Takes Steps to see this Spanish Court-themed show
Marlborough.news was one of the first in the town to catch the latest Gifford Circus show, Any Port in a Storm.
An exuberant, joyous affair, the circus skills are world class, the live band the kind you'd happily pay to see on their own, and comedy appealing to all ages.
The artistes hail from around the world, from talented youngsters at the start of a promising career to inspiring older hands. Dany Reyes is an Italian juggler and breakdancer and 'assistant' to Tweedy the Clown. Sergii Polikov is a Ukranian straps and balance performer on a fake grand piano harpsichord charming operatic singer, Viktoria Murtinova. The eight-strong Sol Troupe hail from Cuba, with latino snake hips between each act. For them, a whole section of the audience were displaced to make room for their Russian swing act, though it could not top (pun intended) the increasingly epic rope skipping, culminating in a three-person-high skip.
The Brazilian Mustache Brothers combination of high slapstick (literally) and tumbling were especially a hit with the under teens, whilst the chickens (actual poultry, not a stage name) haring around the ring and pecking Tweedy off the stage delighted the pre-schoolers (and their mums).
The youngest performer and still a circus student was the amazing Alin Shpynova from Ukraine. It's hard to see how further study could improve her act on the American bar, as she slid head-first from roof top of the pole to bottom, halting just inches from the ground.
Apart from the chickens, the only animals in this circus are the horses ridden by veterans Belgium-born Dany Cesar and Hungarian Attila Csilo.
The whole show was held together by German ringmaster David Pillukat and a spirited accompaniment from James Keay's band, from Spanish opera to Blondie.
This year, the show is part inspired by the meaning of the title itself, and partly on the 'dark, formal and elaborate world of the Spanish Court' of the seventeenth century, as depicted in the Las Meninas painting by Diego Velazquez. Elements of the painting are recreated as scenery.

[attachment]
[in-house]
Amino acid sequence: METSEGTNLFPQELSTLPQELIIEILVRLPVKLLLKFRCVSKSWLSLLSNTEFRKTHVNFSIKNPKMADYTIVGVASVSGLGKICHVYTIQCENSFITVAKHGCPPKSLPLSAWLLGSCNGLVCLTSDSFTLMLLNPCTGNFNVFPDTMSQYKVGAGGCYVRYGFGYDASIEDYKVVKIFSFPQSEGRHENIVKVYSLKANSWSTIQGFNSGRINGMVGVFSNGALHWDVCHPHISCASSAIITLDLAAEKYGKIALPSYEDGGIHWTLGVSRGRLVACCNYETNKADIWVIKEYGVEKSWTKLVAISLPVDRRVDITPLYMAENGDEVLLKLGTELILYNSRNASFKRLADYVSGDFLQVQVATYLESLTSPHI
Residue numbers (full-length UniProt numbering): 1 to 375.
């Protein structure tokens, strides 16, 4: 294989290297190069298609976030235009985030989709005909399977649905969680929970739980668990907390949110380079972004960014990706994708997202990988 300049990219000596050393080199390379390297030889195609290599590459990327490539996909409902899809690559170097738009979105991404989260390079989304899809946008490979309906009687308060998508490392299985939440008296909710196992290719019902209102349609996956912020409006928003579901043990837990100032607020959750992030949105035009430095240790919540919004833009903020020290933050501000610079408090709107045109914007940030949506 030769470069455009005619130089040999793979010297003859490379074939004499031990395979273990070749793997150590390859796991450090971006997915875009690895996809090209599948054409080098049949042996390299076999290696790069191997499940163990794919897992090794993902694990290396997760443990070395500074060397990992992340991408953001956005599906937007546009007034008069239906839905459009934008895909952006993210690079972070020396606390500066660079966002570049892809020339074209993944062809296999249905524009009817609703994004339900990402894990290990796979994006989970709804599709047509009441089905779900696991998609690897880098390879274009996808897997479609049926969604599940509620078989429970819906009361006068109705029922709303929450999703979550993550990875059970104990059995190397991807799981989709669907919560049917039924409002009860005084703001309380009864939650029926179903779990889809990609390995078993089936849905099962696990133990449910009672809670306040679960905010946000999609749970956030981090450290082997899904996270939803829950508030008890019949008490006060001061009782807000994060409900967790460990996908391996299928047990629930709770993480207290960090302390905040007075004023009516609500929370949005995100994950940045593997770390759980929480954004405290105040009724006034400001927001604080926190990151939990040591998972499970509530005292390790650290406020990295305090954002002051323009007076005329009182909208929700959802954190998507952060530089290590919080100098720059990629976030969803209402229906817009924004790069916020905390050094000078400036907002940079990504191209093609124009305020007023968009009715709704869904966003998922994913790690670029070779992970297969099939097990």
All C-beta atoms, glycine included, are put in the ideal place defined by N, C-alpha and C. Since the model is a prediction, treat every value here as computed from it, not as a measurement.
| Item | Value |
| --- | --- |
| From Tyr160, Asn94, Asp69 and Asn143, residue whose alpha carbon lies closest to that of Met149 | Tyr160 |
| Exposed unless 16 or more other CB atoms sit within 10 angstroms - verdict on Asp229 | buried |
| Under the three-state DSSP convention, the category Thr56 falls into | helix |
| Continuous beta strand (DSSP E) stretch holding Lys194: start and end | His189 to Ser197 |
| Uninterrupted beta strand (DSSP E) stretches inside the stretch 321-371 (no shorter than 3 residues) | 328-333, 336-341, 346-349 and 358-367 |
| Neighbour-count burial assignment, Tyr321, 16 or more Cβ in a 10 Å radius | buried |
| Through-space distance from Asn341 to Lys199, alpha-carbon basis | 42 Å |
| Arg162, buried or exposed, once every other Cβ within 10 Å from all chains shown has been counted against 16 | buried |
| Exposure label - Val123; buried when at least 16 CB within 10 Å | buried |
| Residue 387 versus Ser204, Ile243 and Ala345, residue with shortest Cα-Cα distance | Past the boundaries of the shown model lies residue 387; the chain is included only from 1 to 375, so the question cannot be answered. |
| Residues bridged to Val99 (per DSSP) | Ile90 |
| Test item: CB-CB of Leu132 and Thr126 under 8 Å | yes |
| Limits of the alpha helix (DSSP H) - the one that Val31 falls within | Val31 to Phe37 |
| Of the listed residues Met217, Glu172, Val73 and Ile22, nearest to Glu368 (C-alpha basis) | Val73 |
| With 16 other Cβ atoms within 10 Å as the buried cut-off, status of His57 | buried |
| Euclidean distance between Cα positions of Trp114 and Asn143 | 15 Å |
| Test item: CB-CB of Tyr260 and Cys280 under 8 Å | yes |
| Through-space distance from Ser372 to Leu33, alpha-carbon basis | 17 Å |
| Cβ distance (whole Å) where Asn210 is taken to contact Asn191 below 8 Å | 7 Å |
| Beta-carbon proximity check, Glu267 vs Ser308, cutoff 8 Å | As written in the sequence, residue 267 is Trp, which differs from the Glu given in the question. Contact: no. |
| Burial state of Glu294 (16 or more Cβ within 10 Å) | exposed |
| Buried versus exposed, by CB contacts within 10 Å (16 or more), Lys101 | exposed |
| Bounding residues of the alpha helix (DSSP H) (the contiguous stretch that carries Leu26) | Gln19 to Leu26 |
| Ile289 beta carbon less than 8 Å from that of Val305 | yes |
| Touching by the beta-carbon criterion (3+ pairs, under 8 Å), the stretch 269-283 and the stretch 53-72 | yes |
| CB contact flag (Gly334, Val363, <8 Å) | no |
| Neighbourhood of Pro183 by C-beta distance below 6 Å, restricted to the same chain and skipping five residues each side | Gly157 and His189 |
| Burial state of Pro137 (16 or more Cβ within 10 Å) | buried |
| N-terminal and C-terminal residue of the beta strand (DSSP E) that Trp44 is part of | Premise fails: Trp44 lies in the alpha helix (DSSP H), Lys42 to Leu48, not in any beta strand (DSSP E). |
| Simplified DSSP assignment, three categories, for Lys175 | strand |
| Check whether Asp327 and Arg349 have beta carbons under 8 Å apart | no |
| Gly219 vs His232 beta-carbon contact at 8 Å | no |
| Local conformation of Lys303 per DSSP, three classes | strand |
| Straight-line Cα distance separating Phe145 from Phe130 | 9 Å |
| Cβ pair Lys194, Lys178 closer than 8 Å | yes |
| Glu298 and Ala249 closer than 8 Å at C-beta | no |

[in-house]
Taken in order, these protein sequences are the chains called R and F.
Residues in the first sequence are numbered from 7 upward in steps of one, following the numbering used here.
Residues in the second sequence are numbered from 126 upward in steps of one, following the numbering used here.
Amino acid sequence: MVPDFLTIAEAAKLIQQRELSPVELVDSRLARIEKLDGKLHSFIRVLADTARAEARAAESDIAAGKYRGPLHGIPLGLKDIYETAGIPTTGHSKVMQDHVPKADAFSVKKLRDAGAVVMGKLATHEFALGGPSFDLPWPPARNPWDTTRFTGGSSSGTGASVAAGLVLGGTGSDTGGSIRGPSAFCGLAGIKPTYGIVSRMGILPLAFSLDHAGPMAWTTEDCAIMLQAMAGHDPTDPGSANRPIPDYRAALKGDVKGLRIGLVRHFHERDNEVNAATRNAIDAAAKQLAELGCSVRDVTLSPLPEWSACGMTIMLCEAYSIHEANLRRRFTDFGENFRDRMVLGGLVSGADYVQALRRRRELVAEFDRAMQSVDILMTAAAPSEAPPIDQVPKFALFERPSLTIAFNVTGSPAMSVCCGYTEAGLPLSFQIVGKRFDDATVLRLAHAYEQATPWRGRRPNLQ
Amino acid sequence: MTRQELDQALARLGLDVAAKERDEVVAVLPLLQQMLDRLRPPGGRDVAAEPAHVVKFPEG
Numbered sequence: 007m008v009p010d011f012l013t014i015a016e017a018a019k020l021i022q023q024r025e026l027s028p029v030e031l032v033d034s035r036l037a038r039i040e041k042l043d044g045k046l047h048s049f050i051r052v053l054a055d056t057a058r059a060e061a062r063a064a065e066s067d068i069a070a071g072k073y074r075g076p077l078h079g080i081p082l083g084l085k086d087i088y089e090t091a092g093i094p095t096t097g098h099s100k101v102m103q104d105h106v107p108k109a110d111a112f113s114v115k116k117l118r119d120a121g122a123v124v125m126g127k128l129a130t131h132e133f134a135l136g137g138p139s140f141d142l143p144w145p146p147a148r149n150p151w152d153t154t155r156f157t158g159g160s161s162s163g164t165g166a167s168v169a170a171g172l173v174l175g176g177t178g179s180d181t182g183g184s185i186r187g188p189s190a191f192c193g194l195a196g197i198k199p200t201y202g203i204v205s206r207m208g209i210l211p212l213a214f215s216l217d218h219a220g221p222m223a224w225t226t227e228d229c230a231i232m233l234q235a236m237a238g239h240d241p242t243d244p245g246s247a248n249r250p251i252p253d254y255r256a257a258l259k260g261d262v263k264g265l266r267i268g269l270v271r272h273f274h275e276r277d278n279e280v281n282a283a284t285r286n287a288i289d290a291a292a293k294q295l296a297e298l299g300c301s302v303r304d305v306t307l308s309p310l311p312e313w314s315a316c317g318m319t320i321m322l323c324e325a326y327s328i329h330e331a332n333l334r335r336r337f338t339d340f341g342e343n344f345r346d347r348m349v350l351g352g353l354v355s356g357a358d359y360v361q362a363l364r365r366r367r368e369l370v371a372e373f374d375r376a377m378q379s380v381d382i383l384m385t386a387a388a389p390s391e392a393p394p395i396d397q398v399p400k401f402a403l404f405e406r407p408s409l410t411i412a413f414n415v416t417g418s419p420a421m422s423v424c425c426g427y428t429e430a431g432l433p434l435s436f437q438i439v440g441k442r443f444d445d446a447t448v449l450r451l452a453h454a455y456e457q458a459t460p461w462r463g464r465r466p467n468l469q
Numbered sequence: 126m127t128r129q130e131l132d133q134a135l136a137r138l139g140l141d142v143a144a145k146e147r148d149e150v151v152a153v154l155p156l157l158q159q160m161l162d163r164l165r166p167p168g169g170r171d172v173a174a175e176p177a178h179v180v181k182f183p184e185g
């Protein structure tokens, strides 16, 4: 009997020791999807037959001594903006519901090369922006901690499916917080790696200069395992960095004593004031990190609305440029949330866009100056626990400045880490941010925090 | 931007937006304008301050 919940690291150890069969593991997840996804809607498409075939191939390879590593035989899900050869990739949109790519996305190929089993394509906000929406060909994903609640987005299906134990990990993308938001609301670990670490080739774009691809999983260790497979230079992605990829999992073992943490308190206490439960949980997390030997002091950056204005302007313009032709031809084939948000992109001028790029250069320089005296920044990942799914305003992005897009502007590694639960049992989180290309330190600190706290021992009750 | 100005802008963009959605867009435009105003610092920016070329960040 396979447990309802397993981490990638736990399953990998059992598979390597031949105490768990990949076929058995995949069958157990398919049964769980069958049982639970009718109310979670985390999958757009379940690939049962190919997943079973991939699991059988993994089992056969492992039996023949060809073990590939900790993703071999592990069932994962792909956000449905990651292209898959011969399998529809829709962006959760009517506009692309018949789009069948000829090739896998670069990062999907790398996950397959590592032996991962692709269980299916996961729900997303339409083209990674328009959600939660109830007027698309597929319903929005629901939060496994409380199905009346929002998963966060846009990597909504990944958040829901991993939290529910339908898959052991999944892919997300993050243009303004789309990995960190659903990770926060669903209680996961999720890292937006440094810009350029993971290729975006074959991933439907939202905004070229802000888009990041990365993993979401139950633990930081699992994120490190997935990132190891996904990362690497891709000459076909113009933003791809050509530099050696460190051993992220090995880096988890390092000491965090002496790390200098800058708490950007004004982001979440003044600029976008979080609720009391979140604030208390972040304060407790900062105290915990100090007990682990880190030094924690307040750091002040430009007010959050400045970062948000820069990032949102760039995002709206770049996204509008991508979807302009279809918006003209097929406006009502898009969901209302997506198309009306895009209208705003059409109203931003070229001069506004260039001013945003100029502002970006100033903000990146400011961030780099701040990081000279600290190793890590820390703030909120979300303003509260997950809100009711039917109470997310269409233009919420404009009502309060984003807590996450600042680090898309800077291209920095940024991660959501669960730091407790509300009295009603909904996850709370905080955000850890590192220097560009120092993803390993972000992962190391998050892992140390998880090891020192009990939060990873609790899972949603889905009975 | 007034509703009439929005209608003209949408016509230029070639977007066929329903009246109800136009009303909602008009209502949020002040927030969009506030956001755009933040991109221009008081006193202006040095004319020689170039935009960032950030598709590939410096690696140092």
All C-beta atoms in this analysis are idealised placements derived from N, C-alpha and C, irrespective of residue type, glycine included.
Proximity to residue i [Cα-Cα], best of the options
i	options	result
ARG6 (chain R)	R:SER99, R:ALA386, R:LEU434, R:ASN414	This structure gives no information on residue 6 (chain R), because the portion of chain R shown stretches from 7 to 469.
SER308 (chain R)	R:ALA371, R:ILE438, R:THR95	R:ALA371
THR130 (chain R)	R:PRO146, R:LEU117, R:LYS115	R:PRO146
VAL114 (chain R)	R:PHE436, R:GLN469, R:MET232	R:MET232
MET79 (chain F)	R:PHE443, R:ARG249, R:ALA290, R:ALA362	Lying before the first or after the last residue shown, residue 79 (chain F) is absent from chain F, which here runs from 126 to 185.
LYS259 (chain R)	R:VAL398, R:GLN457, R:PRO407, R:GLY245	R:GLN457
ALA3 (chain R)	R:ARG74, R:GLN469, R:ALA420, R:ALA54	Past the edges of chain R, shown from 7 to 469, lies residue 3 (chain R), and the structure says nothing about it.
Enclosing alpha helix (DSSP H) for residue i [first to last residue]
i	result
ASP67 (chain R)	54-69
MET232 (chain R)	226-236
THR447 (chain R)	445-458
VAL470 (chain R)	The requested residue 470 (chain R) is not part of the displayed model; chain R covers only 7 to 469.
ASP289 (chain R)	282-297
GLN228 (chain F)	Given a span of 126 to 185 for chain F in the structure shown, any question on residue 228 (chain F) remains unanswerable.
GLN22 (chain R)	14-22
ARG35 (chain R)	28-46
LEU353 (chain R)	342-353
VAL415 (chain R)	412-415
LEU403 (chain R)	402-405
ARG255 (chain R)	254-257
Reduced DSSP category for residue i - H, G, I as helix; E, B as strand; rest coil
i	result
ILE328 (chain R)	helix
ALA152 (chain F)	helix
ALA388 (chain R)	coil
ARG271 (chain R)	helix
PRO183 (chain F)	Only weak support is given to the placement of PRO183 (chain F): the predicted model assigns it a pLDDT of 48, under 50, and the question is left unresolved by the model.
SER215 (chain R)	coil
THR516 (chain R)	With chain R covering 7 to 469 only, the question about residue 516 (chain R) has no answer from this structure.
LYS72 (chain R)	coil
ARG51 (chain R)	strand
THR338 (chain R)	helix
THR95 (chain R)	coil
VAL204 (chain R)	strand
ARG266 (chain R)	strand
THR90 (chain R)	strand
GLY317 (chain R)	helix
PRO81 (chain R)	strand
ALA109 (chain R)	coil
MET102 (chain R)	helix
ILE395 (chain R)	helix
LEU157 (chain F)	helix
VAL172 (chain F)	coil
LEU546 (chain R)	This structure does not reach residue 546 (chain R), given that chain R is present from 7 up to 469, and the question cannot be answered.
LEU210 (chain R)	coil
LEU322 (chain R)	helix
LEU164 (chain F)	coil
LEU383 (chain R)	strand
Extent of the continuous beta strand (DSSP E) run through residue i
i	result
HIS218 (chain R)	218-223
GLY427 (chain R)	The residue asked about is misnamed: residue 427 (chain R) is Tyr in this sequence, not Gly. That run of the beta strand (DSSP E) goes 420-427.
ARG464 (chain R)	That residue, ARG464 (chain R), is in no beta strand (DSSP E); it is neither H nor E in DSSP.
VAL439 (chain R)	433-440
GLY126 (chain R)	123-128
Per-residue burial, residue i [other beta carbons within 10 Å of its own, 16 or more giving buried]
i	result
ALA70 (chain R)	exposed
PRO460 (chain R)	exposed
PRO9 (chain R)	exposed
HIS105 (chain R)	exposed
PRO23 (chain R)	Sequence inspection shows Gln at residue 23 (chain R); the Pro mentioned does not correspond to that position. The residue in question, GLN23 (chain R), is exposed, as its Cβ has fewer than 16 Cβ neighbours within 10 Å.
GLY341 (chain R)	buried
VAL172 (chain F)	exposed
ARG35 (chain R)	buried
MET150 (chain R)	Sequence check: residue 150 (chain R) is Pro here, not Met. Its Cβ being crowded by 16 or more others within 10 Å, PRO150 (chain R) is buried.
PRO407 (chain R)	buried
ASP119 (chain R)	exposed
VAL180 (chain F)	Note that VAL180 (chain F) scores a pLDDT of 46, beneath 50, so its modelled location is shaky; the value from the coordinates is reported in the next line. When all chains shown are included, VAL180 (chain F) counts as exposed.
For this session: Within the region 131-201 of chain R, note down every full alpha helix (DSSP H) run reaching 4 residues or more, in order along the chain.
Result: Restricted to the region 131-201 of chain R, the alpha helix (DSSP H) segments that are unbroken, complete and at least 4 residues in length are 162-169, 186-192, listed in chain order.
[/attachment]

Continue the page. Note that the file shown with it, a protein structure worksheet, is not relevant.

The costumes by takis deserve a special mention, doing justice to the sumptuousness of medieval Spanish royalty. It's something to see veteran clown, Tweedy dressed up in brocade and wide lace collar only for his pants to fall down and...'ohhh! They're dirty!' Cue brown-streaked big undies flung into the crowd. Several times. Much to the disgust and delight of young and old. An oldie but goodie.
Giffords Circus is a like a high quality cabaret, threaded throughout by director Cal McCrystal's story. It's a large scale production, with about three times the number of performers as I last saw in a theatre show for the same price, 22 artistes and seven musicians - less than a quarter of the total crew required to get and keep the show on the road.
The kids' favourite was the clowns' parody of the whole performance which finished the show. Note perfect and hilarious, it defused the adrenalin from witnessing superhumanly strong and flexible humans risk their bodies for our entertainment. And, boy, were we entertained.
Any Port in a Storm plays in the big top on Marlborough Common until September 4, followed by dates in Cirencester and Stroud. See www.giffordscircus.com for more information.